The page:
Monday, November 11, 2013
If you disagree with this, I'll forgive you
Driving home Friday night, at some point the juxtaposition of two otherwise seemingly unrelated thoughts drew me to an unlikely conclusion.
The first thought centered around Andrew Bynum, who was returning to play against the 76ers that night. As backround, when the 76ers traded (an awful lot) to get him last season, he was one of the top players in basketball. It was only after getting him that the extent of an injury he had became partially, and eventually fully known. As a result, he never played a single game for the 76ers and the fans have made it clear on sports talk radio that they resent him for it, not just because they were so excited to get him and their team gave up so much for him and ended up with nothing, but because it was alleged that after he had one bad knee and had missed half the season, it was reported that he then hurt his other knee...bowling! With half the season yet to play! And then when the season ended there was a youtube video posted of him dancing the salsa in Spain, on the knees he supposedly couldn't play on.
But now with his contract ended with Philly, he is playing for another team, and is just the proverbial shell of his former playing self, averaging half the minutes and less than a quarter of the points and rebounds he had before he was hurt.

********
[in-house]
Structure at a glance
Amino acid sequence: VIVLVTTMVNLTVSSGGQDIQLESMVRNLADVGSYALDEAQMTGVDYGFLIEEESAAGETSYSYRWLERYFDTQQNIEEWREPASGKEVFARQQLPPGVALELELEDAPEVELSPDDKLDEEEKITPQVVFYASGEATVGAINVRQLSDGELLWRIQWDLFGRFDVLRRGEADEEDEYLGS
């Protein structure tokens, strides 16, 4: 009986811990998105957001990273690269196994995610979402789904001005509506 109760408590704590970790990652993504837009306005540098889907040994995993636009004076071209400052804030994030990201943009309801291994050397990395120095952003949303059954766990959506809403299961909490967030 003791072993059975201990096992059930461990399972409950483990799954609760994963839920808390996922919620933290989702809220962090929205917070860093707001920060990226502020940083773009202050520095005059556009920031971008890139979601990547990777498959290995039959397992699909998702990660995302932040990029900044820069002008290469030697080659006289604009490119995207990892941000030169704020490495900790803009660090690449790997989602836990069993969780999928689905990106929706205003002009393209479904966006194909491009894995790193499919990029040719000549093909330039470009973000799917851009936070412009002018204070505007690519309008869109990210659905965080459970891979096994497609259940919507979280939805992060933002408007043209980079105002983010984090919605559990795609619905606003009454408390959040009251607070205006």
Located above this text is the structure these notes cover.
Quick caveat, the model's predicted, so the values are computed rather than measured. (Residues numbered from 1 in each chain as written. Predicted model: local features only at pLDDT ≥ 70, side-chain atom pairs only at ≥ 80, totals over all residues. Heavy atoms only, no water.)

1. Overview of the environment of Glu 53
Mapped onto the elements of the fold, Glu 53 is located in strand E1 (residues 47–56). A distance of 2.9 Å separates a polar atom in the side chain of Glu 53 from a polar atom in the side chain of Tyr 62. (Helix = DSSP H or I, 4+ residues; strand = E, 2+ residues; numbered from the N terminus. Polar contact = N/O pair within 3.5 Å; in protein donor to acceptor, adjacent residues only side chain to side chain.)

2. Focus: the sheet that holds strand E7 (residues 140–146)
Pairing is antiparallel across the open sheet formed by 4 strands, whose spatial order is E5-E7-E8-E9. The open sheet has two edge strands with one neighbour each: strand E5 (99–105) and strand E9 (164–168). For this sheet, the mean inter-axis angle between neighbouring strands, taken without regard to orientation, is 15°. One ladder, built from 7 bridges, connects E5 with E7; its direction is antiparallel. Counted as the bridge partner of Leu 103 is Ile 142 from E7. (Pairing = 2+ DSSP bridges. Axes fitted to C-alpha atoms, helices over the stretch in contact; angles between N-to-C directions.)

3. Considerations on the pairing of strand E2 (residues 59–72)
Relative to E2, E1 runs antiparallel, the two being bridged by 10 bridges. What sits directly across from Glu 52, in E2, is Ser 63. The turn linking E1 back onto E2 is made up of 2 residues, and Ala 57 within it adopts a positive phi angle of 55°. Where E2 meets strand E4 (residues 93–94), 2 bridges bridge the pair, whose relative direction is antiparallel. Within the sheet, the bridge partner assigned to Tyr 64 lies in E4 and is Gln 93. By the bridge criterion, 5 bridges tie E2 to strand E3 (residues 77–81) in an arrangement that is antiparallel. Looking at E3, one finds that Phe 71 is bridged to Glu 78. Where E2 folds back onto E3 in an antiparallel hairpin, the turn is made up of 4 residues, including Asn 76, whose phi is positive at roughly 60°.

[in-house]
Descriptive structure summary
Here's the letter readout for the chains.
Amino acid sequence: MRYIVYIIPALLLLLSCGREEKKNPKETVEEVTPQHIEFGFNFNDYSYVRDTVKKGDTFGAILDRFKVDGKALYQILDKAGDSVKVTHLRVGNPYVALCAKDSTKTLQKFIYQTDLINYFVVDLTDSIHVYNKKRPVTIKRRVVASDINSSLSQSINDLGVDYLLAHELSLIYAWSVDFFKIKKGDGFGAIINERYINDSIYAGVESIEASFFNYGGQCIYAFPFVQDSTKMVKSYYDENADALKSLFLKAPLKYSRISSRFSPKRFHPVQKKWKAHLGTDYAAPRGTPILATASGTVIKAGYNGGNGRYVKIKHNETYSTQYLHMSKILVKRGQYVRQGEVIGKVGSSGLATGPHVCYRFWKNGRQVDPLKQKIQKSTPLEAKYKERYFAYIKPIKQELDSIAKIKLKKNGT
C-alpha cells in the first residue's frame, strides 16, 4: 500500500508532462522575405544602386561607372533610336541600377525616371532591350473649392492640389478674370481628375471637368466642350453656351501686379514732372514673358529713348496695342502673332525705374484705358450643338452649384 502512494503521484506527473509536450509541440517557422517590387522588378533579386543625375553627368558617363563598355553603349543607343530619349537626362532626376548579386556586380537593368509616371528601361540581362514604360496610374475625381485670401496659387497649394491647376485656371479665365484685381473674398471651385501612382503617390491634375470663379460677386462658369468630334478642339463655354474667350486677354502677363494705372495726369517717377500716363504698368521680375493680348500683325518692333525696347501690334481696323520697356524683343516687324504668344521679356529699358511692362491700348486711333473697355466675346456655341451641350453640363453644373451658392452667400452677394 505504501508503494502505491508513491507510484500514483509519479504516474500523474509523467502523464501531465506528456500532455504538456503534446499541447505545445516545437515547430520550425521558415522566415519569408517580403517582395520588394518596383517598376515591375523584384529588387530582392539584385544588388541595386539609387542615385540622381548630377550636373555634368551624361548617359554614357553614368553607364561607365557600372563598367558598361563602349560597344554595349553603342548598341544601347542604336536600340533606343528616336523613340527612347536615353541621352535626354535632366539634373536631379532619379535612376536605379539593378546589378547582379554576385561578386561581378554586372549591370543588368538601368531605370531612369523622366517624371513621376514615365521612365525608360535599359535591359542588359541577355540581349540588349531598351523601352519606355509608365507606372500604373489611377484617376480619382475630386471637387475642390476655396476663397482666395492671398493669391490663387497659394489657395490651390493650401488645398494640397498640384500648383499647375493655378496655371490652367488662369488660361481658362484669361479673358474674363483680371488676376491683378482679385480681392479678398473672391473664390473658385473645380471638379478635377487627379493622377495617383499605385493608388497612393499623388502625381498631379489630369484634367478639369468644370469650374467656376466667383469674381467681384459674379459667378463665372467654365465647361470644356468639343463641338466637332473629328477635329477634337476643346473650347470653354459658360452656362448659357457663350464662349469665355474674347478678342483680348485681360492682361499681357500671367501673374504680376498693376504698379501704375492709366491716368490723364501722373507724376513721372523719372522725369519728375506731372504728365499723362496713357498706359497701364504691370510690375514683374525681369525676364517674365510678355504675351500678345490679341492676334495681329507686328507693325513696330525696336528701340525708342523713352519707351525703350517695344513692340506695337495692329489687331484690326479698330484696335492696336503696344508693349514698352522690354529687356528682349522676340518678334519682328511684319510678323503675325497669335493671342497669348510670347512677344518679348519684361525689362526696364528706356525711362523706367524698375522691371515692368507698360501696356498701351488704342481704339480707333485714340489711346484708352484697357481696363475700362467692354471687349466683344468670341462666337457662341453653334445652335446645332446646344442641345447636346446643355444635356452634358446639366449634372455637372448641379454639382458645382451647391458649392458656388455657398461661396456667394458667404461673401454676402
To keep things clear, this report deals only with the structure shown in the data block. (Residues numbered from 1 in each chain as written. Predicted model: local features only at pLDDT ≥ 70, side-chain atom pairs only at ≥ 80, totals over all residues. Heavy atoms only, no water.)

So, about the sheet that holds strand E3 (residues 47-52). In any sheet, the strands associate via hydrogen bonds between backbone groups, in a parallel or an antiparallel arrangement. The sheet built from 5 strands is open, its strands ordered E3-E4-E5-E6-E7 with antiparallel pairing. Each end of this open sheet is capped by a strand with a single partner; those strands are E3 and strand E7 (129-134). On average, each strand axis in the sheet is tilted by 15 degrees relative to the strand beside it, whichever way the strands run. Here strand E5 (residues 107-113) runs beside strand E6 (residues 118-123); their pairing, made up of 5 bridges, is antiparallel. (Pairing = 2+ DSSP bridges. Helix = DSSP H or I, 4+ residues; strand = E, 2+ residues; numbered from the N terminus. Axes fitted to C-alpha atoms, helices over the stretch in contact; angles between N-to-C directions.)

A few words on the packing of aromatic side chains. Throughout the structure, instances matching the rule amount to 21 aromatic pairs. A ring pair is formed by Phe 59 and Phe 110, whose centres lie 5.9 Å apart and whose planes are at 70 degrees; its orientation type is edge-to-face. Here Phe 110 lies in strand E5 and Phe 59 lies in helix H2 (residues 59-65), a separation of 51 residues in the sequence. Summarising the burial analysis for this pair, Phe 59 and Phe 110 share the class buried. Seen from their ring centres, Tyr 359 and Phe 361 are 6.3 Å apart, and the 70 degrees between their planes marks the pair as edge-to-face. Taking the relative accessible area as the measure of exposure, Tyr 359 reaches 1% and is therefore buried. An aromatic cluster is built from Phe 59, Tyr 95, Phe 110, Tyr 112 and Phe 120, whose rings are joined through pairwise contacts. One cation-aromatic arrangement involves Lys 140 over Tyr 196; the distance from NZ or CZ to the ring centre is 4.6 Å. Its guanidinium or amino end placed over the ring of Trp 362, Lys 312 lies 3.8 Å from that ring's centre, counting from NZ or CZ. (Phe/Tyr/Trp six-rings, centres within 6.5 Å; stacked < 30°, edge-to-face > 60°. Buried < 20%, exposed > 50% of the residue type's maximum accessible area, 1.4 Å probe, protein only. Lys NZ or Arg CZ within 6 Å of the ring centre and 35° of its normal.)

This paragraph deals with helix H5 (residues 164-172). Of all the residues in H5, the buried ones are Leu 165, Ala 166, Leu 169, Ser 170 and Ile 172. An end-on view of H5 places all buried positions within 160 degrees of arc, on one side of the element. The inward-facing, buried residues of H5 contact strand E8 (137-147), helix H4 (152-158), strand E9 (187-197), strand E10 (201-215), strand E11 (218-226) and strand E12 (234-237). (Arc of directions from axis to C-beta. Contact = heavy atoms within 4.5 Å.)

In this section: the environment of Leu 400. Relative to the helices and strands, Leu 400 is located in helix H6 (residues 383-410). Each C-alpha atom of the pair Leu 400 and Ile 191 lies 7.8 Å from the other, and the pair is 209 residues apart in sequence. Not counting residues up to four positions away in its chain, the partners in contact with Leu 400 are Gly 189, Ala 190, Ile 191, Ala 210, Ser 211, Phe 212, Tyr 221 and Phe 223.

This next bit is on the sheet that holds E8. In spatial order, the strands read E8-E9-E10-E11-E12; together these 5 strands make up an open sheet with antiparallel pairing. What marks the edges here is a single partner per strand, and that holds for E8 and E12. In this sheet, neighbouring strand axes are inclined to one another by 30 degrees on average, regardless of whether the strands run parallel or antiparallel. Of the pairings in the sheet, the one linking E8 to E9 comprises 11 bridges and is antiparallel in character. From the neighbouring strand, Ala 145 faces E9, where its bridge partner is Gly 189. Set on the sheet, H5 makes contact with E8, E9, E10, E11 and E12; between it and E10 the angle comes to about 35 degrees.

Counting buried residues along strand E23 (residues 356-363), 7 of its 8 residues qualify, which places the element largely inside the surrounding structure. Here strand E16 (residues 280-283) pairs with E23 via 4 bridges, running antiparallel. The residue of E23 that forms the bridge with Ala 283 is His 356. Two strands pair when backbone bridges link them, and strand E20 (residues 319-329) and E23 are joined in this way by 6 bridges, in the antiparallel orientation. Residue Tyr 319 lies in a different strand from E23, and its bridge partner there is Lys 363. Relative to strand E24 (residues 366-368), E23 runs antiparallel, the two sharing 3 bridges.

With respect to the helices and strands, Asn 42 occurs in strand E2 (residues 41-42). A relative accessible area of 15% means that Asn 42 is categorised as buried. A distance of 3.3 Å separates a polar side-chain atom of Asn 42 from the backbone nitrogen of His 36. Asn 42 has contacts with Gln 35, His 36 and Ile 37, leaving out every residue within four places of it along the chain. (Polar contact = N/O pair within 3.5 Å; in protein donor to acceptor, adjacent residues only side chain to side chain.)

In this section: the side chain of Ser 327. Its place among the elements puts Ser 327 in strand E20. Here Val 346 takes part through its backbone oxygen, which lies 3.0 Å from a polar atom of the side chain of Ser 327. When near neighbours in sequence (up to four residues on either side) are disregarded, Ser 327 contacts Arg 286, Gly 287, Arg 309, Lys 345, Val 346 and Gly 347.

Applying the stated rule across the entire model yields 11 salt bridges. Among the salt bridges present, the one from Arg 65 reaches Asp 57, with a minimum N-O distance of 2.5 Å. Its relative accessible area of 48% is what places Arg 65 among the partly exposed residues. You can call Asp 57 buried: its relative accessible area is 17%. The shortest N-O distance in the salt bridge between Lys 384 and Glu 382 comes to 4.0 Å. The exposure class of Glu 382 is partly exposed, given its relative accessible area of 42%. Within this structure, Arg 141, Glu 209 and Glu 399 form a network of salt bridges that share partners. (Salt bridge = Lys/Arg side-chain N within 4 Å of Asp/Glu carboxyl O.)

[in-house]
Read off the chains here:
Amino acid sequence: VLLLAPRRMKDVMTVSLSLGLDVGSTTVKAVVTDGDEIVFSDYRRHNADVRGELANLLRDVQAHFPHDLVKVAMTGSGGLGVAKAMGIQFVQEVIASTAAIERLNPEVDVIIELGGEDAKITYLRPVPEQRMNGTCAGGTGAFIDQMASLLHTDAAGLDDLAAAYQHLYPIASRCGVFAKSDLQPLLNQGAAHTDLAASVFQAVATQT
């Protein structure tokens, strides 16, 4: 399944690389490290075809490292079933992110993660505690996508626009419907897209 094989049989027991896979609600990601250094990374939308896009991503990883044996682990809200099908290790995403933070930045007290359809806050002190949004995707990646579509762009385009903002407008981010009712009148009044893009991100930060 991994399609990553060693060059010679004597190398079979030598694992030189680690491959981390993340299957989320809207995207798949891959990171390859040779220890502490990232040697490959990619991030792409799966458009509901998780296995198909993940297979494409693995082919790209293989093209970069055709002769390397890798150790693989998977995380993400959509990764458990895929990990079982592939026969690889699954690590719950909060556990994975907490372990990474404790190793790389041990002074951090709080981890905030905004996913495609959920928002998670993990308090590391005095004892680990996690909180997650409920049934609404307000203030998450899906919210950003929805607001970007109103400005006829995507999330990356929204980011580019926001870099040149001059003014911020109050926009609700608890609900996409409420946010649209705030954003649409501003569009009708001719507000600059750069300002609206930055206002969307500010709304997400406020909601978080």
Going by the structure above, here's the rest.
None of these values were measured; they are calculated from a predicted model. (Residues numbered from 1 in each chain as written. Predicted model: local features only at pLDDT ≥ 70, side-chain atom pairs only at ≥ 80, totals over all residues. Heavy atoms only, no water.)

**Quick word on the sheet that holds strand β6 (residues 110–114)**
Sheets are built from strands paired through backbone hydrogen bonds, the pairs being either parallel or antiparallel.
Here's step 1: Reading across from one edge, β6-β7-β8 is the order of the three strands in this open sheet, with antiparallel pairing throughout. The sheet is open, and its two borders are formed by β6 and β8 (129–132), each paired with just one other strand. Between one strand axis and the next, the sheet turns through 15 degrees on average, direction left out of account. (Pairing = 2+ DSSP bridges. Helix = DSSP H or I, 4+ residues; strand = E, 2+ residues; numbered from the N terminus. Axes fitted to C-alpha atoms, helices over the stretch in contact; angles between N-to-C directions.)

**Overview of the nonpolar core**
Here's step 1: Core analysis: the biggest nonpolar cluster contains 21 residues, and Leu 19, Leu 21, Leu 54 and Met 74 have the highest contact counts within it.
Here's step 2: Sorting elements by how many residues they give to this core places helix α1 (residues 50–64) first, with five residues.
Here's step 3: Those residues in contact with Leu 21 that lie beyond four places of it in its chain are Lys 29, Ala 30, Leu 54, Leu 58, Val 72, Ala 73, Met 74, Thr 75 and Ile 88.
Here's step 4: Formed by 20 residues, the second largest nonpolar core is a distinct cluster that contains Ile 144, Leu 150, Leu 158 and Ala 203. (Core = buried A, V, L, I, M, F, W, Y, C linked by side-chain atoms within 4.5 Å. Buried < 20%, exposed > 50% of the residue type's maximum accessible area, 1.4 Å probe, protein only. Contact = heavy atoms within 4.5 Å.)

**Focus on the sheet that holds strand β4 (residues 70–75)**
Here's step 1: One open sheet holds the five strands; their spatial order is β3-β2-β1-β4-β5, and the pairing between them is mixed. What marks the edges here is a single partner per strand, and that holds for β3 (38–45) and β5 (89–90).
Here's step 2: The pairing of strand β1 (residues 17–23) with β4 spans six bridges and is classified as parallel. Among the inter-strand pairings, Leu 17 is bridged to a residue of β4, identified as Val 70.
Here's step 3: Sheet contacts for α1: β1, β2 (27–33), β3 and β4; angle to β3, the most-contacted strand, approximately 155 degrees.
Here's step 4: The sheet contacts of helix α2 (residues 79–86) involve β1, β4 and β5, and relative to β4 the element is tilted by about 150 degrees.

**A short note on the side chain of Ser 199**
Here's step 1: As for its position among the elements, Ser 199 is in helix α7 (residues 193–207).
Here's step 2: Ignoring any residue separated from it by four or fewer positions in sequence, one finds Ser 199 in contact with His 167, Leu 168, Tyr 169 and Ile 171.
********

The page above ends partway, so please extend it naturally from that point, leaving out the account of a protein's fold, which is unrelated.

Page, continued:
So there was an expectation, since met, was that the 76ers fans were coming to the game more to boo Bynum than to cheer their hometown Sixers. Even though I am a fan of the Sixers and understood why the fans were upset, I felt myself feeling more sorry for the player than angry with him. And, as I say, I felt a certain amount of sympathy for him.
My second line of thinking was being upset with myself for some relatively innocuous thing I'd said earlier that day. I can't even remember what it was now, but it was similar to something I'd said earlier in the week that I still wish I could take back. I was walking into a meeting with a prospective Head of West Chester Friends School and was introduced as the President of the Board, which I virtually never identify myself as, usually just saying I'm a member of the Board, lest it seem I'm trying to impress anyone.
Someone else in the room, who I admire greatly, then said "He's a very important person!" And when I looked at her, she had her usual big smile that let me know she was just kidding me, but complimenting me at the same time. All I could think of, having somewhat being put on the spot, was that she was right, but only in terms of Trev and Emma and the rest of my family, but under the pressure of the moment, with all eyes on me, all I could think to say was "I am, to some people."
It wasn't until 5-10 minutes later that I thought back to that exchange and thought - what a dolt! That was worse than if I had just identified myself as the President in the first place. It both seemed condescending and self-righteous in one badly played sentence. And I've been trying to find a way to go back to her to apologize ever since. But then I think it seems self-absorbed to even come back to it at all and she has probably long forgotten it.
And so I'm kicking those thoughts around, thinking how unnecessarily hard I'm being on myself when it hit me:
Liberals are much more forgiving of other people than they are of themselves and conservatives are more likely to be just the opposite.
Posted by Jamie McVickar